Mike (10:07): It was across the road, the glass arms. That was our one. And then slowly, so that was the first kind of this isn’t a transactional business. This isn’t a discretionary business that people jump to in you can force people or entice people to buy. You’re solving a need. If the need isn’t there on day one, the need isn’t there. And then slowly it built that hundred slowly started to order and you could see that it would resonate. Then you started to get this, okay, now something’s happening. But it was a different emotion for me.
James (10:35): It was. And I think actually the first sale, which we were excited about, as I recall, she contacted us a couple of days later to return the dog food. So, highs and lows.
Ed (10:46): Sounds like you got that full customer experience of I’m going to buy and return it all in the same breath. What a joy. All right. So, from waiting for that first purchase to growing to a million dollars in that first year, what, just an incredible rocket ship straight off the bat. And you’ve been growing so quickly since between 50 and a hundred percent year on year. I guess the next theme I want to touch on is actually around scaling the business and the business model itself. A lot of people now say it’s never been easier to start an e-commerce business, but I’m almost at the other end of the spectrum and think it’s never been harder to succeed. And as I alluded to the predictability of demand feels as though this is something that you really played to, and it’s really enabled you to scale.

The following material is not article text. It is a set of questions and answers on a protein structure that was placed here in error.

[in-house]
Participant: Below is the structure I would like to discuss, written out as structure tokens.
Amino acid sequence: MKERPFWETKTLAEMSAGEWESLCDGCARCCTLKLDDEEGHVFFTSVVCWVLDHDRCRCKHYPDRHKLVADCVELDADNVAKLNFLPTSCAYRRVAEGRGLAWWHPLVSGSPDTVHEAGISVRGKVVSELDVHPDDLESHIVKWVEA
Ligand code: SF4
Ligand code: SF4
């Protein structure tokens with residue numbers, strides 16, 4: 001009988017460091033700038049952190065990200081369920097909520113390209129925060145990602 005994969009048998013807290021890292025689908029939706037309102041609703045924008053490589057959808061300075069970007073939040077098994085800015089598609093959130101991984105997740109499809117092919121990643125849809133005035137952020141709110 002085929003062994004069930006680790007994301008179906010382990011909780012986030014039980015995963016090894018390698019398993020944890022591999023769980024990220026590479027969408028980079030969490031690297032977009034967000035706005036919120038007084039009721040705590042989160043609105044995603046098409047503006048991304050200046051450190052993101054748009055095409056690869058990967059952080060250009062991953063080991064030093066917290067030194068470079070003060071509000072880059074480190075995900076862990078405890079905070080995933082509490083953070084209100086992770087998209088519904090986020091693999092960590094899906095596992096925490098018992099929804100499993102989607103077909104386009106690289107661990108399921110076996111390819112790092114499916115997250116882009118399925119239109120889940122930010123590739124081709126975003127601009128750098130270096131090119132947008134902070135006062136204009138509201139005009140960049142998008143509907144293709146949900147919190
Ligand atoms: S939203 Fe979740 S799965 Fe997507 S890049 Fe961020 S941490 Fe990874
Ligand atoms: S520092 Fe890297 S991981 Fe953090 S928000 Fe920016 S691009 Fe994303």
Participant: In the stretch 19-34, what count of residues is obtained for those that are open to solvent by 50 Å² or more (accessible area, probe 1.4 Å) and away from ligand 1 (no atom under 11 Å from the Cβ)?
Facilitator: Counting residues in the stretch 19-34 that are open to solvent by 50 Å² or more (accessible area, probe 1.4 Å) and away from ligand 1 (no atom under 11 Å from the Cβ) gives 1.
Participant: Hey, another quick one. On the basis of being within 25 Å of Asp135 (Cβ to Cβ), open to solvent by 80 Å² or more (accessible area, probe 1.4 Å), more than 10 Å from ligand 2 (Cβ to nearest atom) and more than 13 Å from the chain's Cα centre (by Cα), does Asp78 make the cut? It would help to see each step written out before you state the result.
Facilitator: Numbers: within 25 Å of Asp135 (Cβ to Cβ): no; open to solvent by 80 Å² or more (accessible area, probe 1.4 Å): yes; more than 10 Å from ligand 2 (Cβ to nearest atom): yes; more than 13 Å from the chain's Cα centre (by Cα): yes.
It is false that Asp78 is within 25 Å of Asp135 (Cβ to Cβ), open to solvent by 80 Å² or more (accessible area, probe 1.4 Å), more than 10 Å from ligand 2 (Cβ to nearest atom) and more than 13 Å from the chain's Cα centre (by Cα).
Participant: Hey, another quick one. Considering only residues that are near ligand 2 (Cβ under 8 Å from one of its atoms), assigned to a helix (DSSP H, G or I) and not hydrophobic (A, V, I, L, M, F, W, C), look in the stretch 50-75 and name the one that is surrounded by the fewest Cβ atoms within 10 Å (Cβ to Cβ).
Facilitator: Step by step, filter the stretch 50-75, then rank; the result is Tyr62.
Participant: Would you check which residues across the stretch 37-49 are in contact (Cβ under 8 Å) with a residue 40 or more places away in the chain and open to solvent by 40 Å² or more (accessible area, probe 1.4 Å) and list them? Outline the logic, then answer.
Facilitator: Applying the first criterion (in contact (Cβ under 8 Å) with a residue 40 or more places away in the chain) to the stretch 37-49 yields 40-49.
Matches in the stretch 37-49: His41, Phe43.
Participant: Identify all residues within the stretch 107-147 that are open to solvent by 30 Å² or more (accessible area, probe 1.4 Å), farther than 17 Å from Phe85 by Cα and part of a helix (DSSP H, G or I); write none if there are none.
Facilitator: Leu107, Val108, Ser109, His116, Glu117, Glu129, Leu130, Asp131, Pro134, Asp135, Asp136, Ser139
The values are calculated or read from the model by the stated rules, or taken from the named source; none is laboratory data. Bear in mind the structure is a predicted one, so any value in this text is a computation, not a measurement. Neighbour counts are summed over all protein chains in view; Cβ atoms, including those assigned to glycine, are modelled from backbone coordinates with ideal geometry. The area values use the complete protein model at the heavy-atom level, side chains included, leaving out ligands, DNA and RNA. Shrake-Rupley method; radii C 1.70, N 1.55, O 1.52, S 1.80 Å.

And I know a lot of hard work went into scaling the back end of the business. I guess from a consumer point of view, the customer facing stuff now and detailing is just table stakes. So, in my mind, I just really want to focus on, on the hard stuff and the stuff that makes your business really special in my mind. And that’s around logistics and supply and operations. Getting 20 kilo bags of pet food around the country cheaply, efficiently on time, every time delighting the customer along the way is not easy. I’d love to get your view as to how that has happened. And I know it’s really deliberate in how you’ve attacked it.